Hierarchical bivariate time series models: A combined analysis of the effects of particulate matter on morbidity and mortality

Francesca Dominici, Antonella Zanobetti, Scott L. Zeger, Joel Schwartz, Jonathan M. Samet

Research output: Contribution to journalArticlepeer-review

Abstract

In this paper we develop a hierarchical bivariate time series model to characterize the relationship between participate matter less than 10 microns in aerodynamic diameter (PM10) and both mortality and hospital admissions for cardiovascular diseases. The model is applied to time series data on mortality and morbidity for 10 metropolitan areas in the United States from 1986 to 1993. We postulate that these time series should be related through a shared relationship with PM10. At the first stage of the hierarchy, we fit two seemingly unrelated Poisson regression models to produce city-specific estimates of the log relative rates of mortality and morbidity associated with exposure to PM10 within each location. The sample covariance matrix of the estimated log relative rates is obtained using a novel generalized estimating equation approach that takes into account the correlation between the mortality and morbidity time series. At the second stage, we combine information across locations to estimate overall log relative rates of mortality and morbidity and variation of the rates across cities. Using the combined information across the 10 locations we find that a 10 μg/m 3 increase in average PM10 at the current day and previous day is associated with a 0.26% increase in mortality (95% posterior interval -0.37, 0.65), and a 0.71% increase in hospital admissions (95% posterior interval 0.35, 0.99).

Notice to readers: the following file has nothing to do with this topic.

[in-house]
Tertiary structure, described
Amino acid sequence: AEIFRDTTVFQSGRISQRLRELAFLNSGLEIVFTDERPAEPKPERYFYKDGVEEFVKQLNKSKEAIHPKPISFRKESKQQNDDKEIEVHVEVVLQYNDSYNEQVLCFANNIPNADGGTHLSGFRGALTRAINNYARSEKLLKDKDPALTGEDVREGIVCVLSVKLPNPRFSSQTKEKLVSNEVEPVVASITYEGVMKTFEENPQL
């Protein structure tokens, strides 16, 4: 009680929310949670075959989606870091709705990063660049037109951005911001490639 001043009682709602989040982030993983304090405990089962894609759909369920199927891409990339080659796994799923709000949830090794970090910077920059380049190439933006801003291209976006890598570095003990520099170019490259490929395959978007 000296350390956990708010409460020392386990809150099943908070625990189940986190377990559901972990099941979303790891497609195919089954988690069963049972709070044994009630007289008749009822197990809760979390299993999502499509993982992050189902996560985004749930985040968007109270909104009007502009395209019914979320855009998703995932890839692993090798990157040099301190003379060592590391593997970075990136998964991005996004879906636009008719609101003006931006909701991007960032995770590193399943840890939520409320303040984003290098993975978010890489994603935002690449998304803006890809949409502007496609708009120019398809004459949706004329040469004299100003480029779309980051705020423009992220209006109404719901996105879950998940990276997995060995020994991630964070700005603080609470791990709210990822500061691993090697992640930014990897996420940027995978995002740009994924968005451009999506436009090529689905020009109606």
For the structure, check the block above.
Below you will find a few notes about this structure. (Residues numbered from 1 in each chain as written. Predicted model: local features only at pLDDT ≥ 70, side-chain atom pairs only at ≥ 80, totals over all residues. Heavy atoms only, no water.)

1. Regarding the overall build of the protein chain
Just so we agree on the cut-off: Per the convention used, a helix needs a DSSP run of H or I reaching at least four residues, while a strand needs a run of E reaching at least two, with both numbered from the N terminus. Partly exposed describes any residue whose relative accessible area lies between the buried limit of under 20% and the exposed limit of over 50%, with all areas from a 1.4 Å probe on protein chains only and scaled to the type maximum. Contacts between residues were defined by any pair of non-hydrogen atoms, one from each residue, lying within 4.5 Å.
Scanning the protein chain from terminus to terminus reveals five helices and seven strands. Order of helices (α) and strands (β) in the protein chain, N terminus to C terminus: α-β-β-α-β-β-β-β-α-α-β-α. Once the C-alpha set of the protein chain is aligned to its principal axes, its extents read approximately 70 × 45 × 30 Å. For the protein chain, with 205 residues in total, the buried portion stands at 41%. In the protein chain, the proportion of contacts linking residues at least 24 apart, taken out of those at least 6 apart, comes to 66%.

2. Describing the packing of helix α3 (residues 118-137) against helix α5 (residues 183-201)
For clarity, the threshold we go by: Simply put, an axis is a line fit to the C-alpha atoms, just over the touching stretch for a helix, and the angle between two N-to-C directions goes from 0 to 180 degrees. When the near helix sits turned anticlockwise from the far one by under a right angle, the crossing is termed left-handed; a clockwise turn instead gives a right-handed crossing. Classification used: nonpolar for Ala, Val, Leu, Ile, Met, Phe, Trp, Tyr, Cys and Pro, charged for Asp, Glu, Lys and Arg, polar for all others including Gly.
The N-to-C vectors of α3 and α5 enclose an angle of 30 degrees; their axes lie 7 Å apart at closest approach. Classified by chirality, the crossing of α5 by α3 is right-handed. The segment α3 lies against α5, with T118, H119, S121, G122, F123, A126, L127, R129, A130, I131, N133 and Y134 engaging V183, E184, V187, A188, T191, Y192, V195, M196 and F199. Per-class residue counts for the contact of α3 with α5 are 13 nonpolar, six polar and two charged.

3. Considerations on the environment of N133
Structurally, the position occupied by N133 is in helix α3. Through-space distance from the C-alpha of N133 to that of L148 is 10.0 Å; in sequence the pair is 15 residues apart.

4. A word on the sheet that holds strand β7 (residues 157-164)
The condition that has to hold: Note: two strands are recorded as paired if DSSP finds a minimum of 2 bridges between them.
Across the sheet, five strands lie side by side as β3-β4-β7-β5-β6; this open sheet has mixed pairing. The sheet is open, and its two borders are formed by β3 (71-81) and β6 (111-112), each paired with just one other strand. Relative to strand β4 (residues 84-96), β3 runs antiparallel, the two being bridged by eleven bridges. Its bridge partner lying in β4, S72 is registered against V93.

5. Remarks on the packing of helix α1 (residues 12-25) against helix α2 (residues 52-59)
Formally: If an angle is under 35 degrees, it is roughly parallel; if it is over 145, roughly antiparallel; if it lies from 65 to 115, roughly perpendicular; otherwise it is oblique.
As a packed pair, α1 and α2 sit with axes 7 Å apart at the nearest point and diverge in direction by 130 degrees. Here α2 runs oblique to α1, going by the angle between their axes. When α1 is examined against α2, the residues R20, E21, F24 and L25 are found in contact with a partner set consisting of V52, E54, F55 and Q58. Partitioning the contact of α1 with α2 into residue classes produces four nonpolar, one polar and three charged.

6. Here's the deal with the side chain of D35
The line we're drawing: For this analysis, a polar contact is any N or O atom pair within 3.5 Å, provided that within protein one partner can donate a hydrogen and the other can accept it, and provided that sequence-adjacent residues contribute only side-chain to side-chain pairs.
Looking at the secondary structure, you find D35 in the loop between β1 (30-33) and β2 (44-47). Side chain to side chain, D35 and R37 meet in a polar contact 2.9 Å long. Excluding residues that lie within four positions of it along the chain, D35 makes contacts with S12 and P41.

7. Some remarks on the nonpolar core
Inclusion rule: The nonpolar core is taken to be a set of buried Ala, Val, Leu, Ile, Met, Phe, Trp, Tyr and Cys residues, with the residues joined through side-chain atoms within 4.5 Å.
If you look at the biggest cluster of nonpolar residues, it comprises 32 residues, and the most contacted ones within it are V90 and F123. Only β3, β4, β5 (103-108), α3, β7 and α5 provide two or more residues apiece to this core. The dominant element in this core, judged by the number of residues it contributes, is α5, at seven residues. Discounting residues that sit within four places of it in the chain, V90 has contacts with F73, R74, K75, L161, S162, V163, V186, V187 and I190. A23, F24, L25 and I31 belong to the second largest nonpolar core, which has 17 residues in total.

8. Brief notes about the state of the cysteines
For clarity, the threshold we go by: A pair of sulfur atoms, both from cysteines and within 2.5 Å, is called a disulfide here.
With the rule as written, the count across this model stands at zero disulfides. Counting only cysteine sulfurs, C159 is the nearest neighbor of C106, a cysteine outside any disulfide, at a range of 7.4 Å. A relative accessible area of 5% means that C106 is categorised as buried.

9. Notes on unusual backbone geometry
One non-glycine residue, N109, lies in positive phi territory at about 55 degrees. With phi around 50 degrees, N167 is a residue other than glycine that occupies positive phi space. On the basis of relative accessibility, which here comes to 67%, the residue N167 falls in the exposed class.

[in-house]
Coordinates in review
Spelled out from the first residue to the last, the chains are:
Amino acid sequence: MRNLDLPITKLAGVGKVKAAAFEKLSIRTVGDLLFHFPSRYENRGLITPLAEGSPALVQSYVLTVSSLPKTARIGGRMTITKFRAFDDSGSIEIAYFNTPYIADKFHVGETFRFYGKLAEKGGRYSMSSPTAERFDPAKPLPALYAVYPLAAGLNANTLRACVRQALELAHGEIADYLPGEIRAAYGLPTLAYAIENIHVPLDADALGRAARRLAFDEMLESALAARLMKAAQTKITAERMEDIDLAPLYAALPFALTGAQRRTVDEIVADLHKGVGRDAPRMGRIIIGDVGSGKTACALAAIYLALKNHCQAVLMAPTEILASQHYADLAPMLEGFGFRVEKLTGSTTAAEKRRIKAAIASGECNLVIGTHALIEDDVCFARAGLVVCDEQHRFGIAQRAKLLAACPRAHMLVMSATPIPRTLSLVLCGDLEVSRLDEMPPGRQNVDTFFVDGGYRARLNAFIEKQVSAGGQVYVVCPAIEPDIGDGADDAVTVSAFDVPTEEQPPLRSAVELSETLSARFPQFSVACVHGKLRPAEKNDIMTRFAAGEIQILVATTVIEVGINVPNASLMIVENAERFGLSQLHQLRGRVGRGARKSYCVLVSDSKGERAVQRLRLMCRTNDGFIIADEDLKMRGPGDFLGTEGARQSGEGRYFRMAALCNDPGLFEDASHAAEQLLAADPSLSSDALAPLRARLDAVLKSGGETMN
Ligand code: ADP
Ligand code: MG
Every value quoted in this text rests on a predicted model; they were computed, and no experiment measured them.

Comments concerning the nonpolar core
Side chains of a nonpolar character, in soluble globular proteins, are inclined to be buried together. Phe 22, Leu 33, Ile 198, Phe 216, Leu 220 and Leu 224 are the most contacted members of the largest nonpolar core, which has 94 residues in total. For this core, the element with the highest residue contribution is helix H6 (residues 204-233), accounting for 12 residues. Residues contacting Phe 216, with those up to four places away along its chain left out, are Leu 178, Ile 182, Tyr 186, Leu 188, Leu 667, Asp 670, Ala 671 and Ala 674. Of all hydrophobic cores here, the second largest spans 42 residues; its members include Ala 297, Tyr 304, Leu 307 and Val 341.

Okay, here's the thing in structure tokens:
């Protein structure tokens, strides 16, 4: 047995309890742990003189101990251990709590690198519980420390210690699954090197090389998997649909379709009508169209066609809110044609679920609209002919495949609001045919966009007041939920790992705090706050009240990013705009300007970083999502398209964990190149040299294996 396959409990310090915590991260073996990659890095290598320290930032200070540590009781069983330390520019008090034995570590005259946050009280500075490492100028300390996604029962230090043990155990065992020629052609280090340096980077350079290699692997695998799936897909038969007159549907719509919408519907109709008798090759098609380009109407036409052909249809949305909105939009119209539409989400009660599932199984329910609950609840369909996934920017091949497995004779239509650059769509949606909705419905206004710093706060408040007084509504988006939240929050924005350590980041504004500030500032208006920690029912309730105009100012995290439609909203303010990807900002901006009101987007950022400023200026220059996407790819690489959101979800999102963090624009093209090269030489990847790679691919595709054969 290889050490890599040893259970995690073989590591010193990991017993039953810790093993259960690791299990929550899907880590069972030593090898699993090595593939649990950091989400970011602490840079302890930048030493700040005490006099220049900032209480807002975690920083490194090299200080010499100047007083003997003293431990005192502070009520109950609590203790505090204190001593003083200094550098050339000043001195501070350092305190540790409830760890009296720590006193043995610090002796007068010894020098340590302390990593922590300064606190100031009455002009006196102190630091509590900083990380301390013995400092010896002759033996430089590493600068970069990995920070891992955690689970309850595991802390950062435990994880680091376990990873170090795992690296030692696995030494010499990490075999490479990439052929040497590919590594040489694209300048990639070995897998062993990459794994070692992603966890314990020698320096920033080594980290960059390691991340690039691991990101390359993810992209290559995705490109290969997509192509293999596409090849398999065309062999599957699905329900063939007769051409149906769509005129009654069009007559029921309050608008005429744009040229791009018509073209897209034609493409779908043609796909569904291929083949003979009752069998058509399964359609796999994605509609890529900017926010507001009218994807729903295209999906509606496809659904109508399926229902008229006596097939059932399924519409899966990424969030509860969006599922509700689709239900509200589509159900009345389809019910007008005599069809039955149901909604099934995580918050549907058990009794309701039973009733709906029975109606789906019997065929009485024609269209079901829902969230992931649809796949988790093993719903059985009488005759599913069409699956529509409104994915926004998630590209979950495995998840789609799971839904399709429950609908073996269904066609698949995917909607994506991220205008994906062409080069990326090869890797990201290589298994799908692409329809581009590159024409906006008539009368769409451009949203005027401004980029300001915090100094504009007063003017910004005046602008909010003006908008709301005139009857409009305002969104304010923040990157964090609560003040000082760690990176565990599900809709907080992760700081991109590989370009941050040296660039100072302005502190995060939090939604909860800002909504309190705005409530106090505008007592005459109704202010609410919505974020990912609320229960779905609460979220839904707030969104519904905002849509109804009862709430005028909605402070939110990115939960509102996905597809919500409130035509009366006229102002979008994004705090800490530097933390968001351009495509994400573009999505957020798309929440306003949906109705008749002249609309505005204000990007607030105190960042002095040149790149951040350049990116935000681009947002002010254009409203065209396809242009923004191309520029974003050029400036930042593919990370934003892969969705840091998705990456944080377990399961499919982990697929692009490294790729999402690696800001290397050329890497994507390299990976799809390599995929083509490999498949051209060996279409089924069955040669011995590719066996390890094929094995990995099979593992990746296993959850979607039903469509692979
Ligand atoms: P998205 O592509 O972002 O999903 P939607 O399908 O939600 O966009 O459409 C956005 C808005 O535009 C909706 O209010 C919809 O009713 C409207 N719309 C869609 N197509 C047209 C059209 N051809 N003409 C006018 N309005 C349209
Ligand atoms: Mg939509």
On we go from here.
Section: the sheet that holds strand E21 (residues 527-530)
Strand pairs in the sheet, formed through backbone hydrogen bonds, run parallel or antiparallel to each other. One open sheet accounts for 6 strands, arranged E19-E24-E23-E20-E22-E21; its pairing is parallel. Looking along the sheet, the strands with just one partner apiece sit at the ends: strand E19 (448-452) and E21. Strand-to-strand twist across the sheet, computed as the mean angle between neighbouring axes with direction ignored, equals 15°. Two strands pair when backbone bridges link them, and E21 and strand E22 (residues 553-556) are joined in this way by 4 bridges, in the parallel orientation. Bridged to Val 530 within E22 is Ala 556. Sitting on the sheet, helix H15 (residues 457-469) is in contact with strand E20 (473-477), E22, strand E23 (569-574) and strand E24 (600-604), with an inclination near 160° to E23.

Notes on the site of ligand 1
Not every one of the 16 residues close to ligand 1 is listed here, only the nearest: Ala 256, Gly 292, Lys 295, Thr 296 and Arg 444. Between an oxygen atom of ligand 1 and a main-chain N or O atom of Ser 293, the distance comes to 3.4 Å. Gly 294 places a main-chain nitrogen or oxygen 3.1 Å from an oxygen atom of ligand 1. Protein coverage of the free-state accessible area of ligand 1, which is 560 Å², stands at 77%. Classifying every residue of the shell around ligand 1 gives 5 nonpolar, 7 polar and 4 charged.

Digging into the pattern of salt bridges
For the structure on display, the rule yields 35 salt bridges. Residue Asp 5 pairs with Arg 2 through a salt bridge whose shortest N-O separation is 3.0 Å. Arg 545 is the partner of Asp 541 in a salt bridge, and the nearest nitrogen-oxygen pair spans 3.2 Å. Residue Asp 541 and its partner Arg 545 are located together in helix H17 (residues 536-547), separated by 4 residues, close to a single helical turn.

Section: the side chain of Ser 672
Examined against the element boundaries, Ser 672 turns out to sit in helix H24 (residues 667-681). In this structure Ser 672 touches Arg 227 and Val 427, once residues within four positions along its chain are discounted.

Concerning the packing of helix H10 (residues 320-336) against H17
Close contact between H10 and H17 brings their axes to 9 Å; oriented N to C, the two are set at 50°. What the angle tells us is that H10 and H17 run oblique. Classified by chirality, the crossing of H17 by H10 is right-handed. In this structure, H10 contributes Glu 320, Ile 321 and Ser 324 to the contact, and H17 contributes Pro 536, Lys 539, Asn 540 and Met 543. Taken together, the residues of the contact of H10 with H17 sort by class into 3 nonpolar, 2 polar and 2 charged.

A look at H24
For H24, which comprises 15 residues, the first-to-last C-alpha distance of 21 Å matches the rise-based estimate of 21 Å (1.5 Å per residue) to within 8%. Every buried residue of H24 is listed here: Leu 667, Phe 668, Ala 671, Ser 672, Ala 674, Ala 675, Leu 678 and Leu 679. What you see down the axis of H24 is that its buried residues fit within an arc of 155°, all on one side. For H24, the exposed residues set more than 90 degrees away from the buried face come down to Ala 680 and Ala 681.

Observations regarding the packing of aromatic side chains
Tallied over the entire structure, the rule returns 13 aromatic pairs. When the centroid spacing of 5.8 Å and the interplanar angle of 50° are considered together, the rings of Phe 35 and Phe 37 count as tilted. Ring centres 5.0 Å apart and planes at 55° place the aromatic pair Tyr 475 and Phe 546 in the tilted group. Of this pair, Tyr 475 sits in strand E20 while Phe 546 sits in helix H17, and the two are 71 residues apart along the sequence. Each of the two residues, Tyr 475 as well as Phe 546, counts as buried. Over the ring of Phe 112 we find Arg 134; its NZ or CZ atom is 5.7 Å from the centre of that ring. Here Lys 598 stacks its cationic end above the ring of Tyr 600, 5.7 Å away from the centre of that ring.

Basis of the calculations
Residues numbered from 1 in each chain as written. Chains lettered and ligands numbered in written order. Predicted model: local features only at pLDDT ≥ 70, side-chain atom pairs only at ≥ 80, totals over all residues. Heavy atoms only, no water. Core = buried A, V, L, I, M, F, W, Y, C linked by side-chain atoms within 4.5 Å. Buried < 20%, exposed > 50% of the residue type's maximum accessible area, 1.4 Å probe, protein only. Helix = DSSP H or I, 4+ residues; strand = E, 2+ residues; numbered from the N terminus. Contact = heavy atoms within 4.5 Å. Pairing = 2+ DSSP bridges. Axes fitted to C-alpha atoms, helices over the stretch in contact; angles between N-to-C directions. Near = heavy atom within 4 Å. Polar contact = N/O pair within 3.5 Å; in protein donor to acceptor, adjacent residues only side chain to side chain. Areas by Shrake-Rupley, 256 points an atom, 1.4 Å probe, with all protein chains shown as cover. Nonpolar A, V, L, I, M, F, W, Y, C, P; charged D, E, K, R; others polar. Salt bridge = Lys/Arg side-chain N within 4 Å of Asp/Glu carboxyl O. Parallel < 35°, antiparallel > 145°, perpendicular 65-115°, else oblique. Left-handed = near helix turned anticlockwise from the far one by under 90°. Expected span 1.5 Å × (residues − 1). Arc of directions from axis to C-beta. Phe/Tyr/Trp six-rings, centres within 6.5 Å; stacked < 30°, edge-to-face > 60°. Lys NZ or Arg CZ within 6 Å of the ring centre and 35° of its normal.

Original languageEnglish (US)
Pages (from-to)341-360
Number of pages20
JournalBiostatistics
Volume5
Issue number3
DOIs
StatePublished - Jul 2004

ASJC Scopus subject areas

  • Statistics and Probability
  • Statistics, Probability and Uncertainty

Fingerprint Dive into the research topics of 'Hierarchical bivariate time series models: A combined analysis of the effects of particulate matter on morbidity and mortality'. Together they form a unique fingerprint.

Cite this